Family : Orchidaceae
Text © Pietro Puccio
English translation by Mario Beltramini
The species is native to Australia (Queensland) and New Guinea where it grows as epiphyte in the forests, mainly along the coasts and the banks of the water streams, from the sea level up to about 400 m of altitude.
The name of the genus is the combination of the Greek substantives “δένδρον” (dendron) = tree and “βίος” (bios) = life, with reference to the numerous species of the genus living on the trees; the species is honoured to the English administrator and explorer Philip Henry Nind (1832-1896).
Common names: blue antler orchid, blue orchid, cowslip orchid (English).
The Dendrobium nindii W.Hill (1874) is an epiphytic species wth cylindrical pseudobulbs thinned towards the apex, erect, usually of 0,5-1,5 m of length, and of 1-2 cm of diameter, but which in nature may exceed 2,5 m, provided in the upper part of alternate distichous ovate-lanceolate, 5-13 cm long and 2,5-4 cm broad, coriaceous, dark green, leaves.
Erect racemose inflorescences, on long peduncle, from the upper nodes, 20-45 cm long, carrying numerous close together flowers of 4-6 cm of diameter, with twisted sepals and petals of white or pale violet colour and violet labellum.
Oblong sepals with obtuse retroflexed apex, 3-4 cm long and 1,2-1,8 cm broad, the lateral sepals, merged at the base of the column, form a sort of a conical, long about 1,5 cm, spur (mentum); linear twisted petals, 3,5-5 cm long and 0,5 cm broad, trilobed labellum about 4 cm long and 3,2 cm broad, run by three parallel purple lamellae, wide lateral lobes on the sides of the column, oblong median lobe with undulated margins and pointed apex, 0,5 cm long and 0,8 cm broad.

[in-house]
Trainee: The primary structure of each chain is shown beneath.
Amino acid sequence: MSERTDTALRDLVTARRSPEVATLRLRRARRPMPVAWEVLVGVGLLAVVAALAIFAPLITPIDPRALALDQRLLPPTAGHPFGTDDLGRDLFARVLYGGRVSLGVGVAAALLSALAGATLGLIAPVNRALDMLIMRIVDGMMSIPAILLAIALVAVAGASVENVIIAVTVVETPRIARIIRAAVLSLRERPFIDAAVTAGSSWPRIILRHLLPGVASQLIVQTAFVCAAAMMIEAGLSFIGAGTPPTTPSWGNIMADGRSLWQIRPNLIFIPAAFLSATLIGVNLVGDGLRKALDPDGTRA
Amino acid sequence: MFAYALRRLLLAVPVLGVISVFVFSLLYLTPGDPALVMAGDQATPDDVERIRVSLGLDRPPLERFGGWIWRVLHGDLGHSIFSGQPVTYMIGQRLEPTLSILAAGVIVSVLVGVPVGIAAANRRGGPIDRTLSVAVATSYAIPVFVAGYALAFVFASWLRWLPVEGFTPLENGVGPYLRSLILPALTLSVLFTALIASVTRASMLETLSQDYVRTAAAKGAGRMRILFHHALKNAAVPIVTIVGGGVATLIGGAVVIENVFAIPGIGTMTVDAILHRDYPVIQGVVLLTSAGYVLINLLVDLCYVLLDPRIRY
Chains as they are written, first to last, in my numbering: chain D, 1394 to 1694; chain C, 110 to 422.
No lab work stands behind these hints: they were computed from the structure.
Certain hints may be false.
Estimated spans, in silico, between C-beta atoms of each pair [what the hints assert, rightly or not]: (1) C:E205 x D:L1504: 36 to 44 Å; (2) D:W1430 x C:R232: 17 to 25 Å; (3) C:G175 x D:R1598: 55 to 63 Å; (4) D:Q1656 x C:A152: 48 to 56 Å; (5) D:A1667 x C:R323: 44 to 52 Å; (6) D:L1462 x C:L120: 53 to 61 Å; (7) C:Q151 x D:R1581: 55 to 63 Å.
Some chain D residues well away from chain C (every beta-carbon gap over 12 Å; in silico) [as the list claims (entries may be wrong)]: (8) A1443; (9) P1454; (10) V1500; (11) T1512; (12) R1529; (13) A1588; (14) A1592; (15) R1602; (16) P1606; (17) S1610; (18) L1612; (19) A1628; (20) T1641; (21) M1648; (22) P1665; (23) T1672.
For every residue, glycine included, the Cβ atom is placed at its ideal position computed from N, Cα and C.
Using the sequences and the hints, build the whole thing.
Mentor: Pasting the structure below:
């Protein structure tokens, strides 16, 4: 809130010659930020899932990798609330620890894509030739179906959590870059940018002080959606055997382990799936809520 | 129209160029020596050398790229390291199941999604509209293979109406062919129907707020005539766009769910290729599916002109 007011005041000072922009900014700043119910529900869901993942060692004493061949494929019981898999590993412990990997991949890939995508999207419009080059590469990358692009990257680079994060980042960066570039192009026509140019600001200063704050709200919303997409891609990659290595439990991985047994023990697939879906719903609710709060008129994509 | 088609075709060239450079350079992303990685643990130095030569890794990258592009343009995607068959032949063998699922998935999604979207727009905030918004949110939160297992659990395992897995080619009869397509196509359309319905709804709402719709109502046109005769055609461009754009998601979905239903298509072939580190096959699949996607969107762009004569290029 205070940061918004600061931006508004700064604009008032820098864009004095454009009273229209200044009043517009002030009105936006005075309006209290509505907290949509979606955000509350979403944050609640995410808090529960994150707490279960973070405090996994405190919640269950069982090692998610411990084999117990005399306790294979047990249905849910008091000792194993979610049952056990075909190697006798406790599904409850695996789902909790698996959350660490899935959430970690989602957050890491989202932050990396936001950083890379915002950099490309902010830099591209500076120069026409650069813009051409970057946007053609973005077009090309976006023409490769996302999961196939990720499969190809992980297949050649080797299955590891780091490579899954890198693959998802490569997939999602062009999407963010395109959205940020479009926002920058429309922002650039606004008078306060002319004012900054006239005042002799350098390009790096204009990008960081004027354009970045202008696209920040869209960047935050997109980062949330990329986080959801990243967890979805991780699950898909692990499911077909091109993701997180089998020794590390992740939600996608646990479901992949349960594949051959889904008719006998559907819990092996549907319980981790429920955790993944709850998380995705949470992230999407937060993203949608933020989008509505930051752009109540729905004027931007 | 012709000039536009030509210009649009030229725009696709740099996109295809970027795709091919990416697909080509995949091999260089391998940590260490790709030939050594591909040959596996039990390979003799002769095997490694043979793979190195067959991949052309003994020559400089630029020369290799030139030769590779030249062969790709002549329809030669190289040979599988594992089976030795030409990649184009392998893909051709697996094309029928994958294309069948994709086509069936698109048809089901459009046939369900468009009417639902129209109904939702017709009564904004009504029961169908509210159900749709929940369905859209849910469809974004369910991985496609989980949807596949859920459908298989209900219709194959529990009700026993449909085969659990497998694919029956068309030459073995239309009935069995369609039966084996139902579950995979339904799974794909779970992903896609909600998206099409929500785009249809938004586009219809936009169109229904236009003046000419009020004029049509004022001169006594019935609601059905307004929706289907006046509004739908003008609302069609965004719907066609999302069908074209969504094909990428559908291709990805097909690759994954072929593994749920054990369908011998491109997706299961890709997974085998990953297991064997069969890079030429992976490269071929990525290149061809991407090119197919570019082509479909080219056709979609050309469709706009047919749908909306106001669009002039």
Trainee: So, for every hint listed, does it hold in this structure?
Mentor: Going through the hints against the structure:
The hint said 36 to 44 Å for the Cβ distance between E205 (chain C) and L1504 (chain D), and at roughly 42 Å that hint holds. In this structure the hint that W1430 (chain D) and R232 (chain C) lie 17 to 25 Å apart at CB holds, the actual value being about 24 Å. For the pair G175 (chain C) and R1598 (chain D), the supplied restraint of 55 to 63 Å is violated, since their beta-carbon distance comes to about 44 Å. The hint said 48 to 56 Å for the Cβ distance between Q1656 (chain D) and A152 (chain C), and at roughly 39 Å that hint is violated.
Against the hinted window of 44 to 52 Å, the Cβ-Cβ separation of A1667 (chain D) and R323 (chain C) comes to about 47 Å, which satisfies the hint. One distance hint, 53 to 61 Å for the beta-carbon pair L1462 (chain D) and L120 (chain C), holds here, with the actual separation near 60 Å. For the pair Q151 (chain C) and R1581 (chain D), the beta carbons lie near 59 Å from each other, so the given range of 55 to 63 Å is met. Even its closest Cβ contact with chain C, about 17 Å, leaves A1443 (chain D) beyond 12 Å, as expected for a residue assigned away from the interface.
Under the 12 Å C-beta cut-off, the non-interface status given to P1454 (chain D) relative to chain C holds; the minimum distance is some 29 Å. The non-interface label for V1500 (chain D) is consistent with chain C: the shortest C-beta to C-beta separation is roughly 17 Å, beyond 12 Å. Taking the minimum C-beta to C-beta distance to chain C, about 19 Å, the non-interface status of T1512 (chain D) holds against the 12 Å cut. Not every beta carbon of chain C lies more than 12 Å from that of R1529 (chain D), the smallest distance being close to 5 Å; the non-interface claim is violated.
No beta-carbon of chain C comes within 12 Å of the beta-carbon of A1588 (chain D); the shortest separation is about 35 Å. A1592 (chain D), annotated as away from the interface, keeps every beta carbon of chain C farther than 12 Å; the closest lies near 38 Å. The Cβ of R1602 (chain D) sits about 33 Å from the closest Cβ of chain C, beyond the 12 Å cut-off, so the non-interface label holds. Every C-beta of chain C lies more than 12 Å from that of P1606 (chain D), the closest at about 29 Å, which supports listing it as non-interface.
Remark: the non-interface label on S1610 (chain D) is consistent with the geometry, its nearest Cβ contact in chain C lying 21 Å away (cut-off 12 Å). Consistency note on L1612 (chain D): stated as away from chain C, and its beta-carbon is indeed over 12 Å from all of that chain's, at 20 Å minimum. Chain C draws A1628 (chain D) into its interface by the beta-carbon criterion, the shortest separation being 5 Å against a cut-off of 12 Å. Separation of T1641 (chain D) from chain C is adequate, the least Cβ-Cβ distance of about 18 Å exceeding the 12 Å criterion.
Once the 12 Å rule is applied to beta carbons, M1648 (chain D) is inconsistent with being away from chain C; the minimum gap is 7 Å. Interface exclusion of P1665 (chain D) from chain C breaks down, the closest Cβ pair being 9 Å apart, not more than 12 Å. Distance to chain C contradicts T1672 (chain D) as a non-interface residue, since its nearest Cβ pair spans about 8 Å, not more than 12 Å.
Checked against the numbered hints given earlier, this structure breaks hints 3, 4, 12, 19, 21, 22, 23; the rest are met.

It reproduces by seed, in vitro, and division, to be done by the vegetative restart, with each section provided of at least 3-4 pseudobulbs.
Species rare in nature and in cultivation with attractive perfumed and long lasting flowers, about one month, requires high luminosity for blooming, medium-high temperatures from spring to autumn, averagely cooler in winter, with lowest night values not under the 15 °C, high humidity, 70-80%, and constant ventilation.
The waterings must be regular and abundant during the whole period of growth of the pseudobulbs, rather spaced during the vegetative stasis. For the waterings and nebulisations is to be used rainwater, from reverse osmosis or demineralised; the fertilizations, duly distributed in way to avoid salts accumulations, are to be done during the vegetative period preferably with hydrosoluble products, with microelements, at ¼ of the dosage suggested on the package.
Preferentially, is cultivated in pot with particularly draining and aerated compost, that can be formed by medium sliced bark and charcoal fragments with possible addition of inerts for improving the drainage. Transplants and repottings are to be done when strictly necessary at the vegetative restart, signalled by the appearance of the new roots. The species is inscribed in the appendix II of the CITES (species whose trade is internationally ruled).
Synonyms: Dendrobium tofftii F.M.Bailey (1890); Dendrobium jofftii T.Durand & B.D.Jacks. (1902); Dendrobium ionoglossum Schltr. (1912); Durabaculum ionoglossum (Schltr.) M.A.Clem. & D.L.Jones (2002); Durabaculum nindii (W.Hill) M.A.Clem. & D.L.Jones (2002); Durabaculum pomatophilum (Schltr.) M.A.Clem. & D.L.Jones (2002).
The photographic file of Giuseppe Mazza